Sipping water from our camel packs and chowing down on MREs set us up for the long wait for dusk. Jimmy dozed whilst I watched. Intel said the meet was supposed to take place today at dusk with the players all arriving in time to do evening prayers together.
I was about to wake Jimmy up when I noticed movement on the eastern road into the village. I used my scope to get a quick peek, making sure of the sun's angle before doing so. On the far side of the village a convoy of six SUVs had stopped at the four Taliban watchers set on the road. After a few minutes of chit-chat, the guards let them drive on into the village. They drove straight towards the southwestern quarter of town and parked outside the sprawling house that was probably the former residence of the town headman. It was also the house I had been keeping an eye on all day, marking who came and went and when. I had counted seven men so far and all seven boiled out as the SUV doors started opening. Three more men that I had not seen also came out and I smacked Jimmy on the side. Target Beta, the Taliban chief, was the last to exit the house.
As Jimmy was rousing himself fully, I started looking at the guests and finally spotted Target Alpha. He and the Taliban chief kissed cheeks ritually and I centered the scope on Alpha's chest. Jimmy had gotten his scope up and was rattling off distance and wind numbers for me. This was not going to be an easy job and we knew it when we accepted it. One shot was hard enough to hit and get out. Two was going to be harder and these guys were even twitchier than the Intel weenies had led us to believe. Every single guard was scanning the countryside and the village streets as if the 1st Infantry Division was going to come crash the party.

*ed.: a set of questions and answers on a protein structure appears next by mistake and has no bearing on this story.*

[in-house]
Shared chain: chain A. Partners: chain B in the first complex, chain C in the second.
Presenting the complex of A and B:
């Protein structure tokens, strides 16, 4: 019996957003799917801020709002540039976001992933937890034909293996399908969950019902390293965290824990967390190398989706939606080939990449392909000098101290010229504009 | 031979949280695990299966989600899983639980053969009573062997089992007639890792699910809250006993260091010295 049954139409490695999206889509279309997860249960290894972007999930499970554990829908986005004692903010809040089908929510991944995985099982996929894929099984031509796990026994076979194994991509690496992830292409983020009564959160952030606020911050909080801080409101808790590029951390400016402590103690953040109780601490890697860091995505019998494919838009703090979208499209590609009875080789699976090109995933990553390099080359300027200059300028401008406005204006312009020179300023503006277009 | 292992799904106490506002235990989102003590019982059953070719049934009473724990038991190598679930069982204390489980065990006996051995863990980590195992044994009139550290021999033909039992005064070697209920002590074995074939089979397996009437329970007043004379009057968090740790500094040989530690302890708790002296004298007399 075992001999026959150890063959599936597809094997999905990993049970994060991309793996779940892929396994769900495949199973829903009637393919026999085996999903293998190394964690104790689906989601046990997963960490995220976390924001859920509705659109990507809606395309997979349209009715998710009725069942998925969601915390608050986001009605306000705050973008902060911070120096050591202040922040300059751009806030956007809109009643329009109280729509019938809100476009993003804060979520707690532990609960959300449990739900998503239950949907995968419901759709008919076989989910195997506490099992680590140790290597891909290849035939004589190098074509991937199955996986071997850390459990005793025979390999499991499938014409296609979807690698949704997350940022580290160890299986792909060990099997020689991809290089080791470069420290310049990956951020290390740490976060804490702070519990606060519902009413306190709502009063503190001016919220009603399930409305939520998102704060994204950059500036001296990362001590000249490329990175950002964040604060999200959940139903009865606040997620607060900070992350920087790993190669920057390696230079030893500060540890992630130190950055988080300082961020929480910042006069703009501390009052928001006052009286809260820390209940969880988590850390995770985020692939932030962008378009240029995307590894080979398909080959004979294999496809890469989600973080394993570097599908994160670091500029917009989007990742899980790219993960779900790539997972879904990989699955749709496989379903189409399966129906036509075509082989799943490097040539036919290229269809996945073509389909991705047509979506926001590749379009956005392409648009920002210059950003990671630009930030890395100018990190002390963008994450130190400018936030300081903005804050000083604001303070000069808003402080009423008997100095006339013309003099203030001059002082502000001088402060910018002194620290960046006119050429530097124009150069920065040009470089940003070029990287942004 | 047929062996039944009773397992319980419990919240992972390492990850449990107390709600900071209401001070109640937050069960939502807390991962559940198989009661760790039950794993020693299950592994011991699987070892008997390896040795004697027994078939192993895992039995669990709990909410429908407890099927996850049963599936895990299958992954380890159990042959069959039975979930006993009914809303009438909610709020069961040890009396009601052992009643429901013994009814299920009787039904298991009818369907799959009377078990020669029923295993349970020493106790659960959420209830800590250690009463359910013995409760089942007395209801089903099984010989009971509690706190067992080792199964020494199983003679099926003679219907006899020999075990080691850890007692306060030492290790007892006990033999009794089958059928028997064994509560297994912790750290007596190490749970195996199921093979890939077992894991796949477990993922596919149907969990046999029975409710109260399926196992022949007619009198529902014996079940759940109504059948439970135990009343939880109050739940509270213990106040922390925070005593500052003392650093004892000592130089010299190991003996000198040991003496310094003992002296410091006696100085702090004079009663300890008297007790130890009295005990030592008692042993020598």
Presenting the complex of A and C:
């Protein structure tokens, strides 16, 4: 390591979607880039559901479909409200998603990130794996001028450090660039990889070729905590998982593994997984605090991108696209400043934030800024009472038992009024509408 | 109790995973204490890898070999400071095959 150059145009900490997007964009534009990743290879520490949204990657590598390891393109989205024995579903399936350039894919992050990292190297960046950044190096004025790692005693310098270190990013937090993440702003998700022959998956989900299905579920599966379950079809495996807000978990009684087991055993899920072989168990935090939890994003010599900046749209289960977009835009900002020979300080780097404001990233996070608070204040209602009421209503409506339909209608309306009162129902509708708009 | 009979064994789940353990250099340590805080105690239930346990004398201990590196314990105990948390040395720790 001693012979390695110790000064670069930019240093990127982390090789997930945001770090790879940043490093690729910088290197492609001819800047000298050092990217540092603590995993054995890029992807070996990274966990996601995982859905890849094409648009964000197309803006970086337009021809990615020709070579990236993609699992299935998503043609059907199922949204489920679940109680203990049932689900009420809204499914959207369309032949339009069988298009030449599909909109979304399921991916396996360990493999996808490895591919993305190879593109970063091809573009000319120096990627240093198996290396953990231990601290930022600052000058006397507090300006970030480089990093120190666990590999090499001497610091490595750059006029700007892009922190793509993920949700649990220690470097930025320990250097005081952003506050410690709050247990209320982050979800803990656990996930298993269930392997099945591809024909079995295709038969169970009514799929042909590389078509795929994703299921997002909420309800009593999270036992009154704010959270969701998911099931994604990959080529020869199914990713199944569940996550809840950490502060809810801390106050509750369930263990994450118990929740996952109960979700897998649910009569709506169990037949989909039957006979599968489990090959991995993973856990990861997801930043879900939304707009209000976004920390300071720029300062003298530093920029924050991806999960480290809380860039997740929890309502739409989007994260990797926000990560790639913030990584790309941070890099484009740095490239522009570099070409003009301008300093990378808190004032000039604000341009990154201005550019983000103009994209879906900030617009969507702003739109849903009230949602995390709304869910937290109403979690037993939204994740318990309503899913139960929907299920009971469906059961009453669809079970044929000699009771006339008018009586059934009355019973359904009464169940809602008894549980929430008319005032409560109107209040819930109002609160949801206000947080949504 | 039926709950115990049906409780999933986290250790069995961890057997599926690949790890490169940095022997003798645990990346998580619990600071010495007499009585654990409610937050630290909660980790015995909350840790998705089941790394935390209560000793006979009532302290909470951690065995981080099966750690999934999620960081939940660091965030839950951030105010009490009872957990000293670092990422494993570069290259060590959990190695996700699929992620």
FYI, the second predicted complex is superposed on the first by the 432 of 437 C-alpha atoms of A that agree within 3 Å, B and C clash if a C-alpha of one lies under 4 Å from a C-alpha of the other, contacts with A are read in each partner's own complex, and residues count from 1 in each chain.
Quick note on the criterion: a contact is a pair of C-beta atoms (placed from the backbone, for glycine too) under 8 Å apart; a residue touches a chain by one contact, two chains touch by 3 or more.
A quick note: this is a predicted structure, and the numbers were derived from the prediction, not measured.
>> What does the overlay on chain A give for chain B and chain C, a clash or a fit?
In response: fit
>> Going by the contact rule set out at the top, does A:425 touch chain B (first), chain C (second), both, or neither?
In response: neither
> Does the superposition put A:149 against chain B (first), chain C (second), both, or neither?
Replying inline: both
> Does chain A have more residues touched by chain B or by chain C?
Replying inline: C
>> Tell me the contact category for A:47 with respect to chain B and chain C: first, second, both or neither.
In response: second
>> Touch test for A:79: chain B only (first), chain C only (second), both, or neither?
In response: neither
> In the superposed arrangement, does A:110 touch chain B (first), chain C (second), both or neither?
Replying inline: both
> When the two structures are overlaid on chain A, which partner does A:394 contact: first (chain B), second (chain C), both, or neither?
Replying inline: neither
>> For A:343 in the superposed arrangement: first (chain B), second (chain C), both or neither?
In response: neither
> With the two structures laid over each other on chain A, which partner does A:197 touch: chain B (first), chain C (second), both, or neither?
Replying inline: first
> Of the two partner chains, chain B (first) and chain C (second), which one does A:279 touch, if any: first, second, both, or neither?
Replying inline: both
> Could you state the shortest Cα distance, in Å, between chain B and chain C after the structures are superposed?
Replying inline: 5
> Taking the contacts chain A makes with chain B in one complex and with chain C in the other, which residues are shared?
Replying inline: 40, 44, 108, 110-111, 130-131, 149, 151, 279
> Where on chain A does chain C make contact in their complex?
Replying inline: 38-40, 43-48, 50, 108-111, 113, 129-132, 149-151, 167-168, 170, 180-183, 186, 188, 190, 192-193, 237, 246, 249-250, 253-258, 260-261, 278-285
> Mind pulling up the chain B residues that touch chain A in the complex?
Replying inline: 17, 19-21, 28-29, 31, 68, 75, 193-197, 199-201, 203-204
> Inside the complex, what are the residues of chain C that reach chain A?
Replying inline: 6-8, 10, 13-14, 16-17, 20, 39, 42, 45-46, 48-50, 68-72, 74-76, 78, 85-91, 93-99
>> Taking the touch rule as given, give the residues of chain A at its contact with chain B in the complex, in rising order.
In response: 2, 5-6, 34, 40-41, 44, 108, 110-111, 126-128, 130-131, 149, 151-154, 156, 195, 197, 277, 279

"Get ready to hop, Jimmy," I said as I took a breath and held it, squeezing the trigger. Even before Alpha was going down I had exhaled, resighted on the chief, inhaled, hold, and squeeze.
"Alpha down, Sarge. Center mass," mutter Jimmy. "Beta down, center mass. Time to skedaddle!"
I popped off a few more shots as Jimmy slowly started squirming his way up the hill and northward. I made sure to take out the engines of the SUVs and got two more of the al-Qaeda thugs when they popped their heads up before snapping the scope closed and following Jimmy. I heard shots hitting behind me but it had taken them too long to pinpoint where my shot had come from. We were out of there. Mission accomplished.
It was nearly ten miles to the pick-up LZ and within the first five hundred feet I knew we were in trouble. Qaraqul-wearing, AK-toting goons started popping up out of the barren mountains screaming at each other in very unflattering terms regarding Jimmy and me in nearly illiterate Pashto. These boys were mixed groups of Pakis, Afghanis, and those nigh-legendary "foreign fighters" you hear so much about from Pentagon briefings. I told Jimmy to start jettisoning any of his gear that would identify him as a sniper, making sure to conceal it as best he could. I began doing the same with any gear I could afford to lose while keeping my rifle and ammo. We were not going to get out of this without me creating some diversions.
.... There is more of this story ...